population was taken. The 41st returned to the U.S. in mid 1901 mustering out in June.
After taking a few weeks off Beyer once gain reenlisted this time in the regulars as a private in “E” Company, 15th Infantry
Regiment, United States Army on 20 August, 1901. Perhaps having be regaled by his tales of high adventure, two of
Harry’s brothers enlisted with him in “E” Company: older brother Jeremiah and younger brother William.
The 15th had just taken part in the Boxer Rebellion and the 1st and 3rd Battalion redeployed to the Philippines in December
1901. Harry Beyer was a member of the 2nd Battalion which was stationed Madison Barracks, New York which did not ship
out to the Philippines until February, 1902. On 7 February, 1902 Private Harry Beyer deserted.
Naturally we cannot enter Harry Beyer’s mind but can only guess as to why he deserted but perhaps when the news of his
redeployment to the Philippines came he started having second thoughts about going back. He was not at large for long since
he was listed as being in confinement at Madison Barracks on 11 March, 1902. It is possible that Beyer was more “absent
without leave” than an actual deserter since by April, 1902 he is shown as a “casual” at Fort Crook, Nebraska. In June he is
on detached service at Fort Slocum, New York. In August he had rejoined “E” Company of the 2nd Battalion in the
Philippines. Beyer’s stay was very brief since the 2nd Battalion returned to the U.S. in September. It’s new station was at
Monterey, California. The battalion was stationed at Ord Barracks in Monterey and at Atascadero, California.
Private Harry Franklin Beyer was discharged in 28 August, 1904 at Atascadero. Probably due to his desertion his character in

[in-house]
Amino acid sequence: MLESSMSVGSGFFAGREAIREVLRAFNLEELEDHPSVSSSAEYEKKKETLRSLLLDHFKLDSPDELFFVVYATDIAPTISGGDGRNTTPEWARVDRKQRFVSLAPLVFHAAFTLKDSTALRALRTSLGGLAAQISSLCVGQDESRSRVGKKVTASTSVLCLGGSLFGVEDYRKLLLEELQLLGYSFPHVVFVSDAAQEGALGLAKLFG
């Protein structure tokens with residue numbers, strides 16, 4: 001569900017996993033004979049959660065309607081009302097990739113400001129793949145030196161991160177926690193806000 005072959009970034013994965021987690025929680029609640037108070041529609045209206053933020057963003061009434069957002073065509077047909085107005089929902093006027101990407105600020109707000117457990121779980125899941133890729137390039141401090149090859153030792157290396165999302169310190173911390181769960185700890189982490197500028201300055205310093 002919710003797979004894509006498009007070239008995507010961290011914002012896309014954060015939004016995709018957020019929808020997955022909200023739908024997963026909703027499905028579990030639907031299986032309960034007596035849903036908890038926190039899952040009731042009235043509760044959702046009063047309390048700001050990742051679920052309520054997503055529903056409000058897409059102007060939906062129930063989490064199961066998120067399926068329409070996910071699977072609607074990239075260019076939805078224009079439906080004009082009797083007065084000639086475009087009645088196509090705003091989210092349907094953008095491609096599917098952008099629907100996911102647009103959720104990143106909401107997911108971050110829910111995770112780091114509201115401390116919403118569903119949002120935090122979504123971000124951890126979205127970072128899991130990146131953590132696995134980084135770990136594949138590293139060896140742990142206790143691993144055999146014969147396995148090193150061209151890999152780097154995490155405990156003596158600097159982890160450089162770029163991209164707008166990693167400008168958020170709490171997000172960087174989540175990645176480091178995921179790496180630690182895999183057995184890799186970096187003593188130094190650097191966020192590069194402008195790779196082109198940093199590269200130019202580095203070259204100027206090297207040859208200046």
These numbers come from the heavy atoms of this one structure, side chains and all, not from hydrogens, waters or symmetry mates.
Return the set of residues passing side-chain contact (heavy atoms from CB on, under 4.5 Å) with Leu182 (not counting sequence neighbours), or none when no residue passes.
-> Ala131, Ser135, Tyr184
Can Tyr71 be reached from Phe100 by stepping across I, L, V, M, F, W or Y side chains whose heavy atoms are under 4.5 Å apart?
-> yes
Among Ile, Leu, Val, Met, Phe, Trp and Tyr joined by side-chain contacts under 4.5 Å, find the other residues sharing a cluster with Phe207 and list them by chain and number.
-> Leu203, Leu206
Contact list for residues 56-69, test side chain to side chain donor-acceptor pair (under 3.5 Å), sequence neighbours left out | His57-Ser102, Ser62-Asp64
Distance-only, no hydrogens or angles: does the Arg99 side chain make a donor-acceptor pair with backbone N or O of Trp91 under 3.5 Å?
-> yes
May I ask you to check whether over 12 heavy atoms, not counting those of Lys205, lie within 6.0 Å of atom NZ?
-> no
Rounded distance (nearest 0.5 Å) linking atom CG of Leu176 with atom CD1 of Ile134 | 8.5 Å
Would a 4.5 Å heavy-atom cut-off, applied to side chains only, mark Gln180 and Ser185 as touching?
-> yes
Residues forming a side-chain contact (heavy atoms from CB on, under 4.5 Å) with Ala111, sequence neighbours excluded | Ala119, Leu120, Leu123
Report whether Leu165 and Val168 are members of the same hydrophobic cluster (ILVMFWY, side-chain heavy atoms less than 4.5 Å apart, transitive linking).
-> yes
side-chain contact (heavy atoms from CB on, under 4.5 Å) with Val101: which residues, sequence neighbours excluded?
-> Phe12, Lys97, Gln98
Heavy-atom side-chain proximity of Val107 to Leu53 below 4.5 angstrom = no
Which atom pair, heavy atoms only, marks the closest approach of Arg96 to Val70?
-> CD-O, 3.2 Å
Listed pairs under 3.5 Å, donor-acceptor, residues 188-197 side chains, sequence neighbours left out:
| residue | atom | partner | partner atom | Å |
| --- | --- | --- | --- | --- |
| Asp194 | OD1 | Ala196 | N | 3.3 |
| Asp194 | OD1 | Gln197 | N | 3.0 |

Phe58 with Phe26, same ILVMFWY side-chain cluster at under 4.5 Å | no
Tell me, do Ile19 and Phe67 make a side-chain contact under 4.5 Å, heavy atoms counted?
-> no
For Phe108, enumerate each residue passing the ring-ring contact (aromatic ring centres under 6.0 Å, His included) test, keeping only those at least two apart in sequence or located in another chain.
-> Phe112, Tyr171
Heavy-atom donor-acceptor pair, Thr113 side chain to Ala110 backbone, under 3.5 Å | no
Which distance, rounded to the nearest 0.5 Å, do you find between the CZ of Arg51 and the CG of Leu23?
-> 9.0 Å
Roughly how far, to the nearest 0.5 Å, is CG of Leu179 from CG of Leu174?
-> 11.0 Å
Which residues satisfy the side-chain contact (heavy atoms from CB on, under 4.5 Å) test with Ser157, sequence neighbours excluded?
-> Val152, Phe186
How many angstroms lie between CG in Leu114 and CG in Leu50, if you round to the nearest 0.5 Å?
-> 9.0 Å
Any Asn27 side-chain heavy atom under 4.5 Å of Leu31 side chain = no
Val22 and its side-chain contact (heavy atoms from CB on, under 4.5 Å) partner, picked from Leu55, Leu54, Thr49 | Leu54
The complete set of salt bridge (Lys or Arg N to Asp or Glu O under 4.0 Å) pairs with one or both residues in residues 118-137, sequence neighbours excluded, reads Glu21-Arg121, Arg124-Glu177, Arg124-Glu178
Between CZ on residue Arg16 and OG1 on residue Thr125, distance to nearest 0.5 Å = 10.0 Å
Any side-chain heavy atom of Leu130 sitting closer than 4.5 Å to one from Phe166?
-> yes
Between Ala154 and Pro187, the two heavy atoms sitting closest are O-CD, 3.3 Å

discharge was recorded as “Fair”. Brothers Jeremiah and William were both discharged as “Excellent” a few days earlier on
19 August, 1904 at Ord Barracks.
So ended Harry Beyer’s military career. For his overseas service Henry Franklyn Beyer was entitled to the Spanish
Campaign Medal and the Philippine Campaign Medal.
Harry Bayer married Florence Mary Hennigan sometime while he was stationed around Monterey or soon after his
discharge. She was a native of San Benito, California which is just outside Monterey. The couple had two daughters:
Mary (b. 1905) and Lillian (b. 1906).
Beyer seemed to have suffered from a lifelong case of wanderlust. He and Florence apparently divorced at some point and
Harry next shows up in Sarpy, Nebraska in 1918 when he registered for the draft during World War One. Now 37 years old.
He had remarried – his wife’s name was Anna – and was working as a farmer. I have found no evidence that Bayer served
during the "Great War".
In 1925 he was living in Dallas, Iowa and was divorced for a second time. Five years later in the 1930 United Stated Census,
50-year-old Harry Beyer was living at the Iowa Old Soldier’s Home in Linn, Iowa.
In 1930 Beyer is renting a home at 4847 Kansas Street, In San Diego, California.
Harry Franklin Beyer passed away on 14 December 1950 at Los Angeles, California and is buried at Los Angeles National
Cemetery on Sepulveda Blvd. in Los Angeles.
|Private Harry Franklin Beyer of "E" Company, 2nd Battalion, 15th United States Infantry in a photograph taken sometime
before his discharge in 1904. Attached to the bottom of the photo's mount is Beyer's original 15th Infantry cap badge.
7 1/4 Inches by 5 1/8 Inches
(18.3cm x 13cm)
Custom House Studio - Photographer
Monterey, California, United States
|Left: The reverse side of Harry Beyer's portrait
photograph showing the faint but readable pencil
inscription. At the bottom of the card is the original
round brass nut that holds Beyer's brass regimental
infantry badge to the car's front.